The first British royal to visit Croke Park next weekend will be welcome despite protests by Sinn Féin, Minister for Foreign Affairs Dermot Ahern insisted today.
Princess Anne will make history when she crosses the threshold of Croke Park where 14 civilians were massacred by British troops in 1920.
She is expected to watch the Ireland v Scotland rugby international from the VIP enclosure in the Hogan Stand.
Ahern said Anne, who is patron of the Scottish Rugby Union and regularly attends their matches, will be made to feel welcome.
“Ireland is a very welcoming country, known for extending its hand of friendship to visitors. Princess Anne is very welcome to Croke Park,” a spokesman for the minister said.
“She has very strong connections to Scottish rugby, and like all the other fans she will be welcome on such a wonderful occasion to the wonderful stadium of Croke Park.”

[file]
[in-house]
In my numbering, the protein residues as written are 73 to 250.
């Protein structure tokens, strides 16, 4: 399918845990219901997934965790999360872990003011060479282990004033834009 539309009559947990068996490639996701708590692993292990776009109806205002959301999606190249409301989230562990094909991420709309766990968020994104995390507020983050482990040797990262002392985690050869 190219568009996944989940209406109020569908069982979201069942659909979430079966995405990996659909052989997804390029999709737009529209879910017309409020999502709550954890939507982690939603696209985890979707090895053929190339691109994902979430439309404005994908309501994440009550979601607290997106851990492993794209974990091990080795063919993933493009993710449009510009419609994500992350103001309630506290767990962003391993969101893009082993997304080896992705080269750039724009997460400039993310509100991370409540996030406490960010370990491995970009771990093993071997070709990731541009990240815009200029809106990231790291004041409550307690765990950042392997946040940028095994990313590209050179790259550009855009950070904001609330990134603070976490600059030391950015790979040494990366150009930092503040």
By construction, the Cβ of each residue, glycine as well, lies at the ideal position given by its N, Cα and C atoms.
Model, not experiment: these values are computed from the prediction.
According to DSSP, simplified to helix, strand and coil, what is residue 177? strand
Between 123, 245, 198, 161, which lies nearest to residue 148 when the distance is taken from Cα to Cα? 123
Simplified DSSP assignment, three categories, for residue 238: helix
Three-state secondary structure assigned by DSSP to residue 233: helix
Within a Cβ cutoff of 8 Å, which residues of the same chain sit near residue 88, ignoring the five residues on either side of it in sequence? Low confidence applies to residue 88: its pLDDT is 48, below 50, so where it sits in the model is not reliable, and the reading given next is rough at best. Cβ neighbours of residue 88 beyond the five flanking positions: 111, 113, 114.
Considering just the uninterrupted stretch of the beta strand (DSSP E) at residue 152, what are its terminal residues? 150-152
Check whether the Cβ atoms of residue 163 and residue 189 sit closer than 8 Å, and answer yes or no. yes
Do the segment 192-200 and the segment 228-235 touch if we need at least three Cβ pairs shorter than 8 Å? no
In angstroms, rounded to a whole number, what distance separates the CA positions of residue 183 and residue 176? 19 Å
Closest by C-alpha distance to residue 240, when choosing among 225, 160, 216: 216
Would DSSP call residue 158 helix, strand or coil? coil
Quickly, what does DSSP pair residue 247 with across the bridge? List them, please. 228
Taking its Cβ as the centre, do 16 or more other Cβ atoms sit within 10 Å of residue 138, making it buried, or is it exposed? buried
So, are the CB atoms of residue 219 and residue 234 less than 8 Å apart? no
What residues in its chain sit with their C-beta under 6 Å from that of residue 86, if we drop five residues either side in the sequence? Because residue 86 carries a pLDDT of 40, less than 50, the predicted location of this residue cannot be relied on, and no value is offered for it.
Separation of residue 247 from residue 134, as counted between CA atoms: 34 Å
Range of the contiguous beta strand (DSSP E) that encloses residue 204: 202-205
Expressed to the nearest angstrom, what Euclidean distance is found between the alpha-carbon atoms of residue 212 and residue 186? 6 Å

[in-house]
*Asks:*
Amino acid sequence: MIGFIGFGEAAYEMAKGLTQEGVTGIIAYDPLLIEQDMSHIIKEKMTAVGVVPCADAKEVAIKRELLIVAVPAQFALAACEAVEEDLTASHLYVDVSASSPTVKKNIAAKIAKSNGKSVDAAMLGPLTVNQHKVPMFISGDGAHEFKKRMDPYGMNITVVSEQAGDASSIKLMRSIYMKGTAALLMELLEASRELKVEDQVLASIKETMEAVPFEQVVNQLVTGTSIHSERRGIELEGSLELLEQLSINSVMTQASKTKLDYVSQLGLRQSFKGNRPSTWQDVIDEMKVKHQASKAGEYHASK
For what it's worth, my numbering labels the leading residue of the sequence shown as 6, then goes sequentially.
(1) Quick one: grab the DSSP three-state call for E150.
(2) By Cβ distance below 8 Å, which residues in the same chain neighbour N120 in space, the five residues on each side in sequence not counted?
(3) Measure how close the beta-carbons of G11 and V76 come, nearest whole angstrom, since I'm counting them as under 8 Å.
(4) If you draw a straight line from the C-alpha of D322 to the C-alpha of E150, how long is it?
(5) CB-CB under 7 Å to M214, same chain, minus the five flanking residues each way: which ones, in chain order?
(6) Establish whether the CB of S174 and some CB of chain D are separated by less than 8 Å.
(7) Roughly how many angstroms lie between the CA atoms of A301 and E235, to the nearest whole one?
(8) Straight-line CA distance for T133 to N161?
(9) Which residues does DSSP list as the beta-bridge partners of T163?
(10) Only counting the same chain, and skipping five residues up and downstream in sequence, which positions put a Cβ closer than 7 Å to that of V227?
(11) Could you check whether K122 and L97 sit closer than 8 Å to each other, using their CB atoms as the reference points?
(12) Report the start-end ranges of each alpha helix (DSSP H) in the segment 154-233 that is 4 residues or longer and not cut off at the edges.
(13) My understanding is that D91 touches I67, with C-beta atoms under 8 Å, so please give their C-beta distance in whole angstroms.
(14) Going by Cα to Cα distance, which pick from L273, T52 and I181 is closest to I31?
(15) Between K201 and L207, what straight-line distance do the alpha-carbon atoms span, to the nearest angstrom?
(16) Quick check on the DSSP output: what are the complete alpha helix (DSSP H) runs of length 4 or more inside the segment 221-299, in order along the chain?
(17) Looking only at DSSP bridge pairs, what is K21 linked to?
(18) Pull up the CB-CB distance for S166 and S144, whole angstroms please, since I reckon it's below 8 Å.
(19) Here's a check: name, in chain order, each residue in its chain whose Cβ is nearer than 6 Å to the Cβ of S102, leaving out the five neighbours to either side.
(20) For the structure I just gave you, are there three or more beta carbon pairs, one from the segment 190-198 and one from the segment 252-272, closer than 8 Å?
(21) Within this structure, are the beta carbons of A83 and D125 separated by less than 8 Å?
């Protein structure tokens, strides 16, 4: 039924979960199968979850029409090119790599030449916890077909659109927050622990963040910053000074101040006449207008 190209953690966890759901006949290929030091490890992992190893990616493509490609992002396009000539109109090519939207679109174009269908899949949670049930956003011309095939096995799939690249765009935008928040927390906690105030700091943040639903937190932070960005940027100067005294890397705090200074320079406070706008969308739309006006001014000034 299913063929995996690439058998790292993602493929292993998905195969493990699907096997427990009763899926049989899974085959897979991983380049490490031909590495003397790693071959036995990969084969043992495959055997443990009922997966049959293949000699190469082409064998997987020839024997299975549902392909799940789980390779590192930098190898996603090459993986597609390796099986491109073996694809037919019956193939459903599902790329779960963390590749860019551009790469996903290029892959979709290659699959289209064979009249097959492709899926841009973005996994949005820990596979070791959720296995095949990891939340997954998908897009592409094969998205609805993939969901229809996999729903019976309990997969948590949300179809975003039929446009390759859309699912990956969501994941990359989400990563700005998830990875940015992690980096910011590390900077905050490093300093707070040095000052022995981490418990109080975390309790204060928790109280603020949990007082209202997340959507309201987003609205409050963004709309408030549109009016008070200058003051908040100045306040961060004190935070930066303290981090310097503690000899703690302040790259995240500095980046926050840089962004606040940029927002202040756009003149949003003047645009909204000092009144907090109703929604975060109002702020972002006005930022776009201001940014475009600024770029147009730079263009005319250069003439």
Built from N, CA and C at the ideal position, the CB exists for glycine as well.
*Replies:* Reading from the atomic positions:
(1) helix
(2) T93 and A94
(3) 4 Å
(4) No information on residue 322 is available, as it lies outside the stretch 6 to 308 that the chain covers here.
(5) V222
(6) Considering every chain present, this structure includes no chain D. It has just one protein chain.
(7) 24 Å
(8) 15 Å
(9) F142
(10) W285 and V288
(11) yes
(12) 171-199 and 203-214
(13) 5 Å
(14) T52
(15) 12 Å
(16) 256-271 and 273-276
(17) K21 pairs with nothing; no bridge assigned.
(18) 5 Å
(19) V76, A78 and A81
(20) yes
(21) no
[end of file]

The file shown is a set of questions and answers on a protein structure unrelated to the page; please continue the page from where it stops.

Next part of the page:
The visit will be seen as another milestone in the peace process, coming almost a year to the day that God Save the Queen was played when Ireland beat England at their first meeting in the stadium.
As was the case for that historic match, Sinn Féin party – linked to the Continuity IRA – said it will stage a protest at next Saturday’s game.
The visit by Anne will also be seen as another step towards a first official trip to Ireland by Queen Elizabeth, which Taoiseach Bertie Ahern has said is inevitable.
But Minister Dermot Ahern played down the significance of the occasion.
“There has been a number of visits by members of the British royal family to Ireland. This is just one other visit,” he said.
Anne has visited Ireland before to see Scotland play at the Lansdowne Road stadium which has been demolished to make way for a new home to Irish rugby.
The GAA had to overturn a ban just two years ago on the playing of “foreign games” in its grounds to allow soccer and rugby internationals to be staged at Croke Park until work on the new Lansdowne Road stadium is completed.